What you need to know about the new Conservative Climate Caucus

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By Grace Springer 

The Conservative Climate Caucus, announced in mid-June, has over 60 congressional members.
Photo by Louis Velazquez on Unsplash

Recently, Rep. John Curtis, R-Utah, announced the formation of the Conservative Climate Caucus with the purpose of educating Conservatives on climate policies that fall in line with conservative values. Here’s what you need to know.  

The caucus acknowledges climate change as a threat but hesitates to call it a crisis 

The formation of the caucus marks a transition in the ideals of the Republican Party. Former President Donald Trump’s administration overturned several climate policies, most notably by leaving the Paris Agreement in 2020.  

Curtis rejects the label that Republicans do not care about the climate. He says the caucus will give Conservatives a chance to voice their opinions and ideas relating to climate change.  

“We’ve done a wonderful job of telling people what we don’t like and we actually have quite a few good ideas, and we want a seat at the table,” he told Politico.  

The caucus believes fossil fuels are part of the solution 

Many climate groups on the left strive to eliminate fossil fuels as part of the transition to renewable alternatives. The Conservative Climate Caucus takes a different stance.  

“With innovative technologies, fossil fuels can and should be a major part of the global solution. Reducing emissions is the goal, not reducing energy choices,” the caucus said in a statement.  

The caucus says a transition away from fossil fuels will hurt the economy, but studies have shown clean energy can displace fossil fuels and create millions of jobs.  

The caucus has been endorsed by the Independent Petroleum Association of America and the American Conservation Coalition

Members believe in free-market innovation 

The caucus seeks solutions without government regulation. These solutions rely on innovation from private companies.  

Rep. Nancy Mace, R-S.C., another member of the caucus, explained her view to Fox News.  

“Today, we saw a private citizen go to space,” she said. “And if we allow businesses to be innovative, we can do the same thing, find the same kind of solutions for the environment as well.” 

Opponents of free-market environmentalism say that the free market will not favor environmental innovations unless the government incentivizes it, pointing out instances of the Environmental Protection Agency needing to introduce industry regulations to get companies on board with protecting the environment. 

The caucus singles out China as the greatest global emissions threat  

“Climate change is a global issue, and China is the greatest immediate obstacle to reducing world emissions,” the caucus’s statement reads. 

study updated in 2020 by the Union of Concerned Scientists shows China as the largest source of carbon dioxide emissions and the U.S. as the second largest.  

Many Democrats, including the Biden Administration, believe the U.S. must lead the global effort to net-zero emissions and that the U.S. must work toward its emissions goals to set an example for the rest of the world.  

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2 Comments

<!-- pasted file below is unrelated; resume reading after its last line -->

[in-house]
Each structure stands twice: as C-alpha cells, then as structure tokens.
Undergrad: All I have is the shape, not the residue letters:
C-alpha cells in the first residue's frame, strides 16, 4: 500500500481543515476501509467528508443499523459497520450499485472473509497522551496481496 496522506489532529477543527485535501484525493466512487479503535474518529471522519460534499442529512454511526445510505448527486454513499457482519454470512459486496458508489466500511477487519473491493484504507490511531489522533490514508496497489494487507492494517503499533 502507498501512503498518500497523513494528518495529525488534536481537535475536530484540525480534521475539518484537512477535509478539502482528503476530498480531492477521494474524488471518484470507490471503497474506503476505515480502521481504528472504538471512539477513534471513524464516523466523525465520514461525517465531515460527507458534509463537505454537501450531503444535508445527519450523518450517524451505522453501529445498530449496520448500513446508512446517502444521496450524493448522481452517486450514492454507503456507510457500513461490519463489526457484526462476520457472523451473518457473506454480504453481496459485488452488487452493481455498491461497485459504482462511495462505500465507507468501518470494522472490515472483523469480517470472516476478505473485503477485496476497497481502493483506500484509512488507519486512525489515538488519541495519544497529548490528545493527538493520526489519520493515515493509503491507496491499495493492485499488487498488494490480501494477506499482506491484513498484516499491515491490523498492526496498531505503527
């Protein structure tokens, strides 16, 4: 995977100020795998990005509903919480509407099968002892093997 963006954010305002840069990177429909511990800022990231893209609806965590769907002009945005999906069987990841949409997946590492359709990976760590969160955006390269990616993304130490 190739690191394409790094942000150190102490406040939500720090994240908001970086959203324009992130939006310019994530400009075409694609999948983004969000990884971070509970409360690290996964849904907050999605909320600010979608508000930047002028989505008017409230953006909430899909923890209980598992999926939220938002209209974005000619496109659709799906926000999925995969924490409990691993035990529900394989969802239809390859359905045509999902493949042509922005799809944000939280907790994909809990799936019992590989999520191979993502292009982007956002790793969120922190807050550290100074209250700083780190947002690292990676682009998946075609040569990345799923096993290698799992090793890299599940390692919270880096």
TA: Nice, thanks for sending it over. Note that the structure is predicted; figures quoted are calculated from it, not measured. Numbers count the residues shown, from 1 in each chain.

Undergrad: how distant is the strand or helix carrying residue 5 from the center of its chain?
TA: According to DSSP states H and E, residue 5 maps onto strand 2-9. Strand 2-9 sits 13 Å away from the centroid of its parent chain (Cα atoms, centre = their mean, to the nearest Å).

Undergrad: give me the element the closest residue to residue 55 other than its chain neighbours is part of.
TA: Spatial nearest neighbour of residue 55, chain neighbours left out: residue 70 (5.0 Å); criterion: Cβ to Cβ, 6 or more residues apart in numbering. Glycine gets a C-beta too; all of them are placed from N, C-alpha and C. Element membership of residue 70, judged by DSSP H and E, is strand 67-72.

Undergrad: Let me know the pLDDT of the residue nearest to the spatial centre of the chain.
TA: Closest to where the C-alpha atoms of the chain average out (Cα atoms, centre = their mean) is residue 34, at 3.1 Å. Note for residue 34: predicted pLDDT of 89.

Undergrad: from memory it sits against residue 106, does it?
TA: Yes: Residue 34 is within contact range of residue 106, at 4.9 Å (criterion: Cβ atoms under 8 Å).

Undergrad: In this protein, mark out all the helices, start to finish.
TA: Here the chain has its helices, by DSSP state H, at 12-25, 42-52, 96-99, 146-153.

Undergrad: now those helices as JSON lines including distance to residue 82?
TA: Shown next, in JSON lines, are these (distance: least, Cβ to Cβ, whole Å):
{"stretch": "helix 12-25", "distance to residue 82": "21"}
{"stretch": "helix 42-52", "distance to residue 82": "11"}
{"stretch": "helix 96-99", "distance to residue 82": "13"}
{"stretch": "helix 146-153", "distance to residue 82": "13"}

• Hi, I’m lucky to be a retired senior who gets lots of time to read articles I find on the web. When I was a kid, I helped my father dig a trench and lay an underground hose, which we snaked around the back yard, after we punched holes in with a nail. It preserved the hose forever and we were free to ‘water’ our plants and trees whenever the need arose. I have often seen the ‘automatically timed hoses’ watering when it was pouring rain outside….what a waste. Plus, I read about how the Chinese planted their rice patties in a circular method so that the plants got ‘run-off water’ as well as whatever went down these ‘slide-like circles’. And I also read about using ‘EGG SHELLS’ around the trees to keep them well watered while absorbing the calcium for nutrition.

    It’s nice to protest in the streets, but how about we do outings to plant in these ways, especially in the areas that were burnt out by fires which would also work on our CARBON FOOTPRINT and add oxygen to the air? Plus, there are many old mining shafts and oil/coal sites which were never capped that are expelling fumes and contaminating the air. [Why hasn’t our government made them fix their problems?] Planting trees and shrubs would not only beautify, but would absorb these fumes to clear the air. Lastly, there are some sites that are actually burning FIRE from the NATURAL GAS and OIL that is pooled below the earth’s crust for many decades and no one has found a way to put these fires out. What about dropping a large amount of BAKING SODA OR SALT from a plane on it? It would not only lower our Carbon Footprint dramatically, but think of all the gas and oil we would save.

    Finally, each group should have their photos taken with the caucus members and put on the website to show Americans that WE ARE STRONG AND DETERMINED. Hopefully, other countries will follow our lead. Thanks for listening

    • R. E. Archer

      I personally agree with your assessment, P.M. Kelly. The problem with most any sensible approach is there is no money to be made and no power to be gained. This is not a task for Governments. It is a task for inhabitants.

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